Despite what your parents might have told you when you were young, swearing can actually be a good thing! It relieves stress without having to resort to physical violence, allows you to get your point faster, and widens your vocabulary. What’s not to love?!

But even with all these benefits, there are quite a number of people who are still sensitive to certain kinds of… colorful language. So how can you swear without offending the people around you? Why, make a censor button, of course!

YouTube video

While most programmers nowadays use open-source software platforms like Arduino to produce the sound they need, Mehdi Sadaghdar would much rather use his guerrilla electrical engineering skills to make his own censor button. That, and his programming skills aren’t exactly the best.

makeshift censor button

To output the audio of the censor button, Sadaghdar repurposed an old headphone speaker. But since the sound coming from his headphone speaker was so low, he wrapped the said speaker around an old pill bottle to create a makeshift acoustic chamber.

makeshift censor button

This chamber would smoothen the transition between the speaker output and the surrounding environment. Of course, the chamber wouldn’t do any good if it’s sealed off, so Sadaghdar planned to drill a number of holes at the bottom of the pill bottle.

makeshift censor button

Due to the haphazard nature of his drilling and the weak plastic, he accidentally punched a giant hole at the bottom instead. Nonetheless, this gaping hole actually helped increase the frequency response of the speaker at 1 kilohertz.

makeshift censor button

The giant spike actually could use a bit of a boost, so Sadaghdar used some electrical tape to partially cover the hole he made and widen it just a bit more but not to the point where the hole would be too large. The end result gave him a speaker which would output sound at a higher pitch.

The volume can be further increased by adjusting the voltage passing through the speaker. Since the headphone speaker wasn’t meant to withstand that much electricity, Sadaghdar made a few more tweaks. This allowed him to get the loud sound he was looking for without frying the speaker inside the button.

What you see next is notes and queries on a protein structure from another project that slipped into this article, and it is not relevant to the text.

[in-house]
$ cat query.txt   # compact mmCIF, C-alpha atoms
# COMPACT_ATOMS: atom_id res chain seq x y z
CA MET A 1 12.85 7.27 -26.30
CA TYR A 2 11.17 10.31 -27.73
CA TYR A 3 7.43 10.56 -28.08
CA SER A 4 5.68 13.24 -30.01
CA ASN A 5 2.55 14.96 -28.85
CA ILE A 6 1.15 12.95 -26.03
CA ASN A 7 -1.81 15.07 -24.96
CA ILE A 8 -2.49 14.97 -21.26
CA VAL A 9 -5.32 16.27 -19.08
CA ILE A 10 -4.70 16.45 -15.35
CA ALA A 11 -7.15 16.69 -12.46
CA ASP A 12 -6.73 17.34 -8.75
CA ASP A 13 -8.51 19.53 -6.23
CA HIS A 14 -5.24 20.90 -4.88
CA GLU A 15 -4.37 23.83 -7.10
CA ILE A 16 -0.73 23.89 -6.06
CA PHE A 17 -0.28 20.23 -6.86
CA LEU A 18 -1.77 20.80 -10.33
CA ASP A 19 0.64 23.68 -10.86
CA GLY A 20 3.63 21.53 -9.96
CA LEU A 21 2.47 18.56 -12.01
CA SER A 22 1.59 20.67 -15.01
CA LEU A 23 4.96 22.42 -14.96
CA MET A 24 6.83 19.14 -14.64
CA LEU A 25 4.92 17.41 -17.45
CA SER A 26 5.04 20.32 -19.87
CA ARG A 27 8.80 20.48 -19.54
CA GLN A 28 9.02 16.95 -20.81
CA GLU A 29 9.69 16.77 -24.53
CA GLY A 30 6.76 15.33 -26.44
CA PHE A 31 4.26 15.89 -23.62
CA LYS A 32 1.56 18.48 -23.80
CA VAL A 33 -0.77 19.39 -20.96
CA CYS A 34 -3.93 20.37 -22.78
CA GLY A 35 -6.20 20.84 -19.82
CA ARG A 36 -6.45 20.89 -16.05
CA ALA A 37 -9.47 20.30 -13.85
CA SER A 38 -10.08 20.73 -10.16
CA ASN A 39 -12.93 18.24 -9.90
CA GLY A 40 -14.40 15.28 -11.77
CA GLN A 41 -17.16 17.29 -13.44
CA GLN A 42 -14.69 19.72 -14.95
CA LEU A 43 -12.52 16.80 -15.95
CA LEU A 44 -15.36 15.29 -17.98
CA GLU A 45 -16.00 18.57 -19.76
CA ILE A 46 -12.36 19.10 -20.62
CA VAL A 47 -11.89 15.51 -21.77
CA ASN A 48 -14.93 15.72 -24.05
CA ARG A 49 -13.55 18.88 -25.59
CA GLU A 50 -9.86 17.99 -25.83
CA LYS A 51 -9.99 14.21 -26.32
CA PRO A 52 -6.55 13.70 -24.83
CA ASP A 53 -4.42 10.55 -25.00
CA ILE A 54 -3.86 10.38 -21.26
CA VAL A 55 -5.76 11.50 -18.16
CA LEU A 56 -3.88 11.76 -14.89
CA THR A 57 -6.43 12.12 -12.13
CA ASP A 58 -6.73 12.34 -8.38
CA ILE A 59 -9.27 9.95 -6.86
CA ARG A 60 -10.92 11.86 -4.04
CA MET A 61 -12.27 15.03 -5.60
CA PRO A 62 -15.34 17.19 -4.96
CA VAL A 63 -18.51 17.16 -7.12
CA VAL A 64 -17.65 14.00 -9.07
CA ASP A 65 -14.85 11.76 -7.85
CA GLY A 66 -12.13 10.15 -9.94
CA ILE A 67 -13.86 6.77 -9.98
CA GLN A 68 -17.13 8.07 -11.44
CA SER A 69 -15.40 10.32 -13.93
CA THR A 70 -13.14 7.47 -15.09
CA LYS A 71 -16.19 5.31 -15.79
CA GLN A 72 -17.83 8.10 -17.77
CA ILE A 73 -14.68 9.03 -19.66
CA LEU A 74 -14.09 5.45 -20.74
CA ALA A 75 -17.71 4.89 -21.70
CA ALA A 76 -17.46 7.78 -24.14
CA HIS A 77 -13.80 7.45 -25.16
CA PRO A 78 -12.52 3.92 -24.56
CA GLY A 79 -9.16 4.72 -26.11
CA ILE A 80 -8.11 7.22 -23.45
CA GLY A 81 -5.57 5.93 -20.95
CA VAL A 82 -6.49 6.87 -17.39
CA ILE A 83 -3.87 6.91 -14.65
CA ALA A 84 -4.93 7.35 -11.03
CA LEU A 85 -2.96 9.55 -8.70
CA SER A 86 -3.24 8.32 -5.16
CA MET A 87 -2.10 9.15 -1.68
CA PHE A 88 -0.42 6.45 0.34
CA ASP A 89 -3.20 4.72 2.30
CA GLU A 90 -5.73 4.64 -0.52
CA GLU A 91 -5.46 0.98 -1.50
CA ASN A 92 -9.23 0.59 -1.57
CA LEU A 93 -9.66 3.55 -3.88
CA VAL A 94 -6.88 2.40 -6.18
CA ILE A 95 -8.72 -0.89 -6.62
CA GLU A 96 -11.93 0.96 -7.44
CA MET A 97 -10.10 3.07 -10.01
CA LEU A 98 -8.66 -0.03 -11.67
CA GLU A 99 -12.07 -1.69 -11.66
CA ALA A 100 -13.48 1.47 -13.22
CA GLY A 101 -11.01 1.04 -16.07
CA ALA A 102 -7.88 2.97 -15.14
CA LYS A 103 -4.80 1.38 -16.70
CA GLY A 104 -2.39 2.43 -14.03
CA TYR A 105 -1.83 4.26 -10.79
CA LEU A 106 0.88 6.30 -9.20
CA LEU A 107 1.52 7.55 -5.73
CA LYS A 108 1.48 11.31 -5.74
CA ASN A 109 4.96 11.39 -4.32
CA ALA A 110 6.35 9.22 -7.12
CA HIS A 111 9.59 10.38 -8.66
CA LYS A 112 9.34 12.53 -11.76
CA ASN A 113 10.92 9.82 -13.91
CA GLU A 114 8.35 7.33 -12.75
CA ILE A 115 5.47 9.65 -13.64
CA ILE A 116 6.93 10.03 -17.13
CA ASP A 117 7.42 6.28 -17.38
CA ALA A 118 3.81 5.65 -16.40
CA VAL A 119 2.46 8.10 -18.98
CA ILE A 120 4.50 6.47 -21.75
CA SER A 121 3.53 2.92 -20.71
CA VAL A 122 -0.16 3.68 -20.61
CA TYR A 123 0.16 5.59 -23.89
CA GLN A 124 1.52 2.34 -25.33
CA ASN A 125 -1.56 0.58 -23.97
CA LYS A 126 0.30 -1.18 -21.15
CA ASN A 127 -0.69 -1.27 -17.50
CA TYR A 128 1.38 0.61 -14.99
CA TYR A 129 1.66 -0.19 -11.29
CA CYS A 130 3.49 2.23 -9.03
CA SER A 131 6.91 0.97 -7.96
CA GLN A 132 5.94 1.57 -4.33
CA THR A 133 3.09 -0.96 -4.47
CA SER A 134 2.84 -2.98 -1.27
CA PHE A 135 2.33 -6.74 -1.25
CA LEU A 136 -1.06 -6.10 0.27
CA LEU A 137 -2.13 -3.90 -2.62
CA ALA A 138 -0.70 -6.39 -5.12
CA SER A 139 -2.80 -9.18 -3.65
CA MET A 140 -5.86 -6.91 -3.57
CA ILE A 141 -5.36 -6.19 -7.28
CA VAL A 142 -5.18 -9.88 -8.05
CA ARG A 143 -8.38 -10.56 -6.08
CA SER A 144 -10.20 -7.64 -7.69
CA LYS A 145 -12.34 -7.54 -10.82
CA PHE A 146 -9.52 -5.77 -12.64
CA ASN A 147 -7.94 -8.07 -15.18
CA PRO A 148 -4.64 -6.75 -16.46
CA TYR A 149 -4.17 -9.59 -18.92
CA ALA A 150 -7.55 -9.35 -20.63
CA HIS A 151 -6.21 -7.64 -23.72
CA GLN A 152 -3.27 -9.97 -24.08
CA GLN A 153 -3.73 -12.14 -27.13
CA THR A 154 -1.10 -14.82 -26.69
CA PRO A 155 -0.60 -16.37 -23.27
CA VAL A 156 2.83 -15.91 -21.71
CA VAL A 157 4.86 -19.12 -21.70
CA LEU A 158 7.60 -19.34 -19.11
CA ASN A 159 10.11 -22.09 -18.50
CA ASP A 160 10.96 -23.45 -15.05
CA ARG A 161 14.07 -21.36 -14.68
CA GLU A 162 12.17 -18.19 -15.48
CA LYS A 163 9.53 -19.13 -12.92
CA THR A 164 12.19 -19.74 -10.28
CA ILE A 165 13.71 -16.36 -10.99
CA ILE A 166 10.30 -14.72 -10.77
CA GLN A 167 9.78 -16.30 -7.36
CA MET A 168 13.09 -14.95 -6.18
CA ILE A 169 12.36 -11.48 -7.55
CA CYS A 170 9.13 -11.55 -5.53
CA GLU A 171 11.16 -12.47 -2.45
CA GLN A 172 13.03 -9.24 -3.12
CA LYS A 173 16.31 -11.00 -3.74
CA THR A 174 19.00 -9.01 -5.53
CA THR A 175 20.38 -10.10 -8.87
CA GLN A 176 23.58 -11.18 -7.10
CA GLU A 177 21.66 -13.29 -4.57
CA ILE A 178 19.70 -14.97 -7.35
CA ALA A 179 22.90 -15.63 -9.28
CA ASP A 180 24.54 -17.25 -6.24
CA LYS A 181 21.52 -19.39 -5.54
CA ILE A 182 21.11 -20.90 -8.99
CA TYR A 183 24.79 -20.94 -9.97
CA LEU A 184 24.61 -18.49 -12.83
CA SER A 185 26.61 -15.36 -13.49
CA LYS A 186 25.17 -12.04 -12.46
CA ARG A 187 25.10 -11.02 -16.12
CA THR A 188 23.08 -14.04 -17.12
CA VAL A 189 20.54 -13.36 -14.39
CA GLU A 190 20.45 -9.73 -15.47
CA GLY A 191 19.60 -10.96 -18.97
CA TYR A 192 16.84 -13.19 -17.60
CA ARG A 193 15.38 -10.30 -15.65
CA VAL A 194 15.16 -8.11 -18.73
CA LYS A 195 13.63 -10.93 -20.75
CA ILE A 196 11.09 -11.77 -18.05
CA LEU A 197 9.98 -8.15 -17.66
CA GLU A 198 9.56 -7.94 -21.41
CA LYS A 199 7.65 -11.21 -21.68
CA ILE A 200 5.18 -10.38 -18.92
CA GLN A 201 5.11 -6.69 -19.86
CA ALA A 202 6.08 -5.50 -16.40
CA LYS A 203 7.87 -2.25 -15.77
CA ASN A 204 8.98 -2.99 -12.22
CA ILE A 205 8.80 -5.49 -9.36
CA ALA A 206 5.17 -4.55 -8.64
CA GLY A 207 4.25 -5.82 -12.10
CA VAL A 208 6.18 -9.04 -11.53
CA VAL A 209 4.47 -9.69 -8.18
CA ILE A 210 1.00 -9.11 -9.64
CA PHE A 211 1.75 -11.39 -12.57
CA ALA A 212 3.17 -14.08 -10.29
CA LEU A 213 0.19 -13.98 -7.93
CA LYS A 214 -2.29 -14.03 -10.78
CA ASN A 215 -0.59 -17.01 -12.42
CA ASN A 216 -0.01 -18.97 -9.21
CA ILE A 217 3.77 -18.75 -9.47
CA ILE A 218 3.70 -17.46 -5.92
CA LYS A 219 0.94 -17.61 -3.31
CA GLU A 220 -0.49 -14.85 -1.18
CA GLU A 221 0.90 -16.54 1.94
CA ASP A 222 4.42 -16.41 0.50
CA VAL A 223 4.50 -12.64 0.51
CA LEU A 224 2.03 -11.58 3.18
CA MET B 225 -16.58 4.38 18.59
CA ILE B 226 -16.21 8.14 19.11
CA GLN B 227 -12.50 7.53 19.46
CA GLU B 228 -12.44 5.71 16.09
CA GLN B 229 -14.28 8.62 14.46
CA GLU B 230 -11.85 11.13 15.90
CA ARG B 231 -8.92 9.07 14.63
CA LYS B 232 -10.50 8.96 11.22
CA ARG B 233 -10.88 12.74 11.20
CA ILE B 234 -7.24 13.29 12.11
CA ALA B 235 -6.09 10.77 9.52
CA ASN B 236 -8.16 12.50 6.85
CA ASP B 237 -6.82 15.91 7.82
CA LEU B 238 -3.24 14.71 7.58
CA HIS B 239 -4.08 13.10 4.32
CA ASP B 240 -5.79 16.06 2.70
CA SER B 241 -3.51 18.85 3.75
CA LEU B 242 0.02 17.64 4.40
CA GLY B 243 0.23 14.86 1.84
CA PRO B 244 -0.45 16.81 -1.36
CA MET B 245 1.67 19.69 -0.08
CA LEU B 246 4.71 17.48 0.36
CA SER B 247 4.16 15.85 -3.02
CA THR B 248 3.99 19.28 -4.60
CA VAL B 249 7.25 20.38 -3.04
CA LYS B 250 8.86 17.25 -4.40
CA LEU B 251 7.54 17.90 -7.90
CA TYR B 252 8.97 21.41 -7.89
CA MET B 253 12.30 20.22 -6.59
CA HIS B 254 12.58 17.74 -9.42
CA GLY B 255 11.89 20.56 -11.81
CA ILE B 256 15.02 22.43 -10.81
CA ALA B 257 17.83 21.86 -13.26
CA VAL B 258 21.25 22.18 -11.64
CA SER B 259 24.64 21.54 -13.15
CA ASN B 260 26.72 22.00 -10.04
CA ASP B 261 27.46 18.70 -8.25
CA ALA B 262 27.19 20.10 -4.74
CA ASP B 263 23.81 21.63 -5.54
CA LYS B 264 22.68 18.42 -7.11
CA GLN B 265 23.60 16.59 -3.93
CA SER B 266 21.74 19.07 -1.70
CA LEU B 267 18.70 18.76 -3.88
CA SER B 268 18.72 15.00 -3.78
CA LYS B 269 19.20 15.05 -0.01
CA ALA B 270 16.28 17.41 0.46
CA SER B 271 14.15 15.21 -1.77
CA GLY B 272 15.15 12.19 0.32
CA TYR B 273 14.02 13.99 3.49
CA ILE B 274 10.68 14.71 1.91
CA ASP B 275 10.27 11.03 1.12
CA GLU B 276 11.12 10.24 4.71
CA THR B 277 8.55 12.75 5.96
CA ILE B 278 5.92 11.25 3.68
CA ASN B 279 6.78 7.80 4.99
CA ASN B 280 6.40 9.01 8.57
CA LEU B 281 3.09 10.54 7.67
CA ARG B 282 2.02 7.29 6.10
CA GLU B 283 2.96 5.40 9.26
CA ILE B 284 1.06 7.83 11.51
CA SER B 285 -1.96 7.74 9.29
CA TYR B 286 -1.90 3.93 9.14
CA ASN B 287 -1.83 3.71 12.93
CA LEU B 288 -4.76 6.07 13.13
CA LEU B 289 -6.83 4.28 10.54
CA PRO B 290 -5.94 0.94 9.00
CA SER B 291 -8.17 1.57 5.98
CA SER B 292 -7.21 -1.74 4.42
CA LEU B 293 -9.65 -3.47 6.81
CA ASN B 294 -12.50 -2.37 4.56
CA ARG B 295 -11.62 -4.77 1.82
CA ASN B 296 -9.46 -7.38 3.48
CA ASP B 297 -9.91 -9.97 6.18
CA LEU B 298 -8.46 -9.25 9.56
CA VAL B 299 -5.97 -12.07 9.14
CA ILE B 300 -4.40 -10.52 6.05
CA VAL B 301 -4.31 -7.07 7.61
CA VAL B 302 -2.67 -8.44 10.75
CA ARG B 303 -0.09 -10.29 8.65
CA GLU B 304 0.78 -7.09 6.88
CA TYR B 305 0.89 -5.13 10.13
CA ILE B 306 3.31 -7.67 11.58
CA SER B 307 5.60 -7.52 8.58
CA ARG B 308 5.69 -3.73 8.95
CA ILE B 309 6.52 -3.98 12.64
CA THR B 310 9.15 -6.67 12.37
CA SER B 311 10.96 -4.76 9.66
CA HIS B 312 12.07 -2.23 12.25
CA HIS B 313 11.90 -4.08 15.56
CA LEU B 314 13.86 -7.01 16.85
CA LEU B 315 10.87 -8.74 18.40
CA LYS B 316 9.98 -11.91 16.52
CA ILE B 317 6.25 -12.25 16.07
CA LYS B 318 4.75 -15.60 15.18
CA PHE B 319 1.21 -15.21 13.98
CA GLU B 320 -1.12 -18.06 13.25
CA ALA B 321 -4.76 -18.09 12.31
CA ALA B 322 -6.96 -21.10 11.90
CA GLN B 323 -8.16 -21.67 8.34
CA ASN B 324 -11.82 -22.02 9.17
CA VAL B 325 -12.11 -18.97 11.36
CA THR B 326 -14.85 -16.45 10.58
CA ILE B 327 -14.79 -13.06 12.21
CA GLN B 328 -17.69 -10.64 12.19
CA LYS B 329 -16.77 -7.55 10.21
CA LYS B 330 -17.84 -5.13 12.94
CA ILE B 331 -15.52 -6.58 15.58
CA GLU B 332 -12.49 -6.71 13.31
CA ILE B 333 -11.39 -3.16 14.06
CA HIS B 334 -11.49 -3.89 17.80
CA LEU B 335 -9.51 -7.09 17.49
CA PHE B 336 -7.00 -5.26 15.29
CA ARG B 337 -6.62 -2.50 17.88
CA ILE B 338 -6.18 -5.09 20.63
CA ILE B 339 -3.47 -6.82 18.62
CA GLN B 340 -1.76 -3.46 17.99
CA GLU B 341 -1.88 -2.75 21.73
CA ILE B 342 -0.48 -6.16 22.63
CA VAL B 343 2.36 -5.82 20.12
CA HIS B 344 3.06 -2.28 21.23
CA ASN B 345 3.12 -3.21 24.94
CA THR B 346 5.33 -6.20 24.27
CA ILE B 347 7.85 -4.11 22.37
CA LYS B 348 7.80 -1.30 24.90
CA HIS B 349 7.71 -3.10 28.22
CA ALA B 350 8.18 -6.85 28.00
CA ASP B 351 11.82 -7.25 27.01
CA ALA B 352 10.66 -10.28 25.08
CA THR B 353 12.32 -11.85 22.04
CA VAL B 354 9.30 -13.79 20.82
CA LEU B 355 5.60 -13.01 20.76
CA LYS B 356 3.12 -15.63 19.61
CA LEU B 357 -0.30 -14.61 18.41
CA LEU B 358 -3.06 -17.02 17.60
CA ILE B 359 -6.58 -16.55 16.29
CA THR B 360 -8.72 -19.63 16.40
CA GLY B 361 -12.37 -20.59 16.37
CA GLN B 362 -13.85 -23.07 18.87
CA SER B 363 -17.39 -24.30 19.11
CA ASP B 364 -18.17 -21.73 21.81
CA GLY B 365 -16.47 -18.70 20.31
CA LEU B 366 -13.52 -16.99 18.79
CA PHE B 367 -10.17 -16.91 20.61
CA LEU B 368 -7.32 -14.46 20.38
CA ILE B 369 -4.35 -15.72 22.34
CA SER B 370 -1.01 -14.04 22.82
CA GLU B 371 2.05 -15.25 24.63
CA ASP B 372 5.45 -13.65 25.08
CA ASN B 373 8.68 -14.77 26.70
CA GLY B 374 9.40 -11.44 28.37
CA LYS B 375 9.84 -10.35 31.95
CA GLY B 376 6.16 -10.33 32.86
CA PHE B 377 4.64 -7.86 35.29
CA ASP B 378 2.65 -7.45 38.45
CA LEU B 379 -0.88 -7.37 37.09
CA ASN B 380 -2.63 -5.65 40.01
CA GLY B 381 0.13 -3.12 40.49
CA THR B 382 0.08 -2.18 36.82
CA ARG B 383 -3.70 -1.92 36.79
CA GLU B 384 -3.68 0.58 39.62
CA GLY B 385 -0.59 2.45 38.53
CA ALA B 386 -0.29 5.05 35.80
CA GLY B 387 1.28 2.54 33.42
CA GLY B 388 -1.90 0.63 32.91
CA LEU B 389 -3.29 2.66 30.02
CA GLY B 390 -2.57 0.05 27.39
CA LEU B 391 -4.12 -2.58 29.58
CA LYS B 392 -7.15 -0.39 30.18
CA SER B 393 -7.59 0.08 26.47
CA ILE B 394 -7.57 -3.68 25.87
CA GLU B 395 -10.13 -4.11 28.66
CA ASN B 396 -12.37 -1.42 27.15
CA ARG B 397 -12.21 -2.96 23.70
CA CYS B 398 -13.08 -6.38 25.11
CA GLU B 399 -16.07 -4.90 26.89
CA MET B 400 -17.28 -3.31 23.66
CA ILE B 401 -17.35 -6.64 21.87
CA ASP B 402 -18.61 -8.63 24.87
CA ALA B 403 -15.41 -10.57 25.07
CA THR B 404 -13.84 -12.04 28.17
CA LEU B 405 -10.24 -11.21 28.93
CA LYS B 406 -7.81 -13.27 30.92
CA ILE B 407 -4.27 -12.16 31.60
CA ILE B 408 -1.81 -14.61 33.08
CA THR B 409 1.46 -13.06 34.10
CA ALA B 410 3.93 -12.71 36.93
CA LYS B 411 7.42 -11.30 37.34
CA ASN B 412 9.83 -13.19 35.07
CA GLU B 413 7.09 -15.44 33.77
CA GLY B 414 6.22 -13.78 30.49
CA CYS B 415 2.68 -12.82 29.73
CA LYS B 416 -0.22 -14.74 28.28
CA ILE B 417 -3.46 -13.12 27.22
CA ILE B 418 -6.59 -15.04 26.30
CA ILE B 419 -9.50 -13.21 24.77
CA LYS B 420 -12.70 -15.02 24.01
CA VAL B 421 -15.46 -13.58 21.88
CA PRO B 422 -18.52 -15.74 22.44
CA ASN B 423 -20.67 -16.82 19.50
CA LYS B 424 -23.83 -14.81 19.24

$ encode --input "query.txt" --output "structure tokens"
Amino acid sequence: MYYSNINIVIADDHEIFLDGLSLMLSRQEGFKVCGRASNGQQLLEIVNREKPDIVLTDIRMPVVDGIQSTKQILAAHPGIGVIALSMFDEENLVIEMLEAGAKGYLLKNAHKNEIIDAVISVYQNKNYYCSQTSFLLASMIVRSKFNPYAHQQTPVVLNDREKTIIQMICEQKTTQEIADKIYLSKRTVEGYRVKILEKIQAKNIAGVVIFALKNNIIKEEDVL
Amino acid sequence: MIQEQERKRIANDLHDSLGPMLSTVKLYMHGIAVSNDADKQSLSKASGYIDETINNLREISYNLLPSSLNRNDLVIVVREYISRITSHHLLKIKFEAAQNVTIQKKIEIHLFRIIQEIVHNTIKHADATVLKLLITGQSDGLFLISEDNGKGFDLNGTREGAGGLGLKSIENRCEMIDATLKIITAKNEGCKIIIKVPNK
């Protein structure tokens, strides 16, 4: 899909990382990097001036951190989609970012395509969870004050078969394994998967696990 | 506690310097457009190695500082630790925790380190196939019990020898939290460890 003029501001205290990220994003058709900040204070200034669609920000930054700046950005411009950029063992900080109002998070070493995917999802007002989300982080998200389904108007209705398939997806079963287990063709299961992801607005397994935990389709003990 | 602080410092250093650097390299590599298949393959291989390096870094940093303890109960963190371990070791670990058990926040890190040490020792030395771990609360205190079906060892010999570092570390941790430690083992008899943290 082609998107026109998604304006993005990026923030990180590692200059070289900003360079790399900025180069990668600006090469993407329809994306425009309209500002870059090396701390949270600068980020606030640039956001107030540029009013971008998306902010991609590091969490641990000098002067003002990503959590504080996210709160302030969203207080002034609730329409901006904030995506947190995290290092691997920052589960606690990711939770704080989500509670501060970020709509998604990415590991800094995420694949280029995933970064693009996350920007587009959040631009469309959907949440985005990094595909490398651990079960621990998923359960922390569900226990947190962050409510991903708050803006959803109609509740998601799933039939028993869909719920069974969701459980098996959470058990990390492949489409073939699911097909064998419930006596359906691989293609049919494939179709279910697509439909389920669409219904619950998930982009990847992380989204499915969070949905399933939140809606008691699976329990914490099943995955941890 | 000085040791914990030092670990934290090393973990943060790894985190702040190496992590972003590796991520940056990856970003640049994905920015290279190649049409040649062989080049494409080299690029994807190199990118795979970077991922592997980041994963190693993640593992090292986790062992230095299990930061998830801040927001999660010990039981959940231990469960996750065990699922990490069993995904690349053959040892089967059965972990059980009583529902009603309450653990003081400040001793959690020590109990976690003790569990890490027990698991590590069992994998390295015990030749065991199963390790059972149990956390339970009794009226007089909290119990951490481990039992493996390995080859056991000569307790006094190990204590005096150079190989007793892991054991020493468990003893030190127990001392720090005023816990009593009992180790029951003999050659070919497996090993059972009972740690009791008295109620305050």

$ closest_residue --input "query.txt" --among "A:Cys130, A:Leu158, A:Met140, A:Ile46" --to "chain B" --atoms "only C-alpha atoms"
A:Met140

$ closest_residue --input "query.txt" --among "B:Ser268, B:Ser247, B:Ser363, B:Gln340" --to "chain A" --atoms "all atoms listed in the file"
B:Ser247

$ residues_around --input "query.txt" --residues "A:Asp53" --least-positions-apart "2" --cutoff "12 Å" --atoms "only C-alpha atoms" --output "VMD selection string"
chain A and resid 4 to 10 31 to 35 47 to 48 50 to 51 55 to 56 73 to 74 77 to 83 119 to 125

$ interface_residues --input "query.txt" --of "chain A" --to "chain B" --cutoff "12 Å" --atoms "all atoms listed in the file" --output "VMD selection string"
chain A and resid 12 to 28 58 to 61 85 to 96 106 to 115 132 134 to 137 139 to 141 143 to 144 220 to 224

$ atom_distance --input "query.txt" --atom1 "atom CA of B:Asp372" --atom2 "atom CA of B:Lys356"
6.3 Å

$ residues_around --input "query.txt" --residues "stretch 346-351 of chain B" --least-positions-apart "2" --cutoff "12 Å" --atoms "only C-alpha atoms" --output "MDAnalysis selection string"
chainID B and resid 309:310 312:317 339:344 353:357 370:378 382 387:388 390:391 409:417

makeshift censor button

With the volume output being exactly where he wanted it, Sadaghdar was able to work on the circuit board. There’s a lot of electrical engineering jargon involved, so you can watch the video for a more detailed explanation.

To put it in layman’s terms, however, the circuit board comes with a Schmitt trigger oscillator which takes a triangular frequency and converts it into a sine wave. This wave is weak, so an amplifier has to be used to bring it back to its original, high beeping volume.

Sadaghdar also added in a footswitch so he can easily activate the button whilst swearing. He set the completed censor button down, thought up something offensive to say, and…

makeshift censor button

… it worked! While it’s highly doubtful that he actually said anything offensive (his hands always seemed to cover his mouth whenever he swore), the volume and tone the censor button made were very much like the bleeps you hear on daytime television.

So there you have it. Why learn programming (which is infinitely easier to do), when you can take old electronics in your garage and make something with the same results? Mehdi Sadaghdar’s YouTube channel, ElectroBOOM, showcases his love for all things electronic. Check it out if you want to learn more about electronics while being entertained by his wacky antics.

Author

Carlos wrestles gators, and by gators, we mean words. He also loves good design, good books, and good coffee.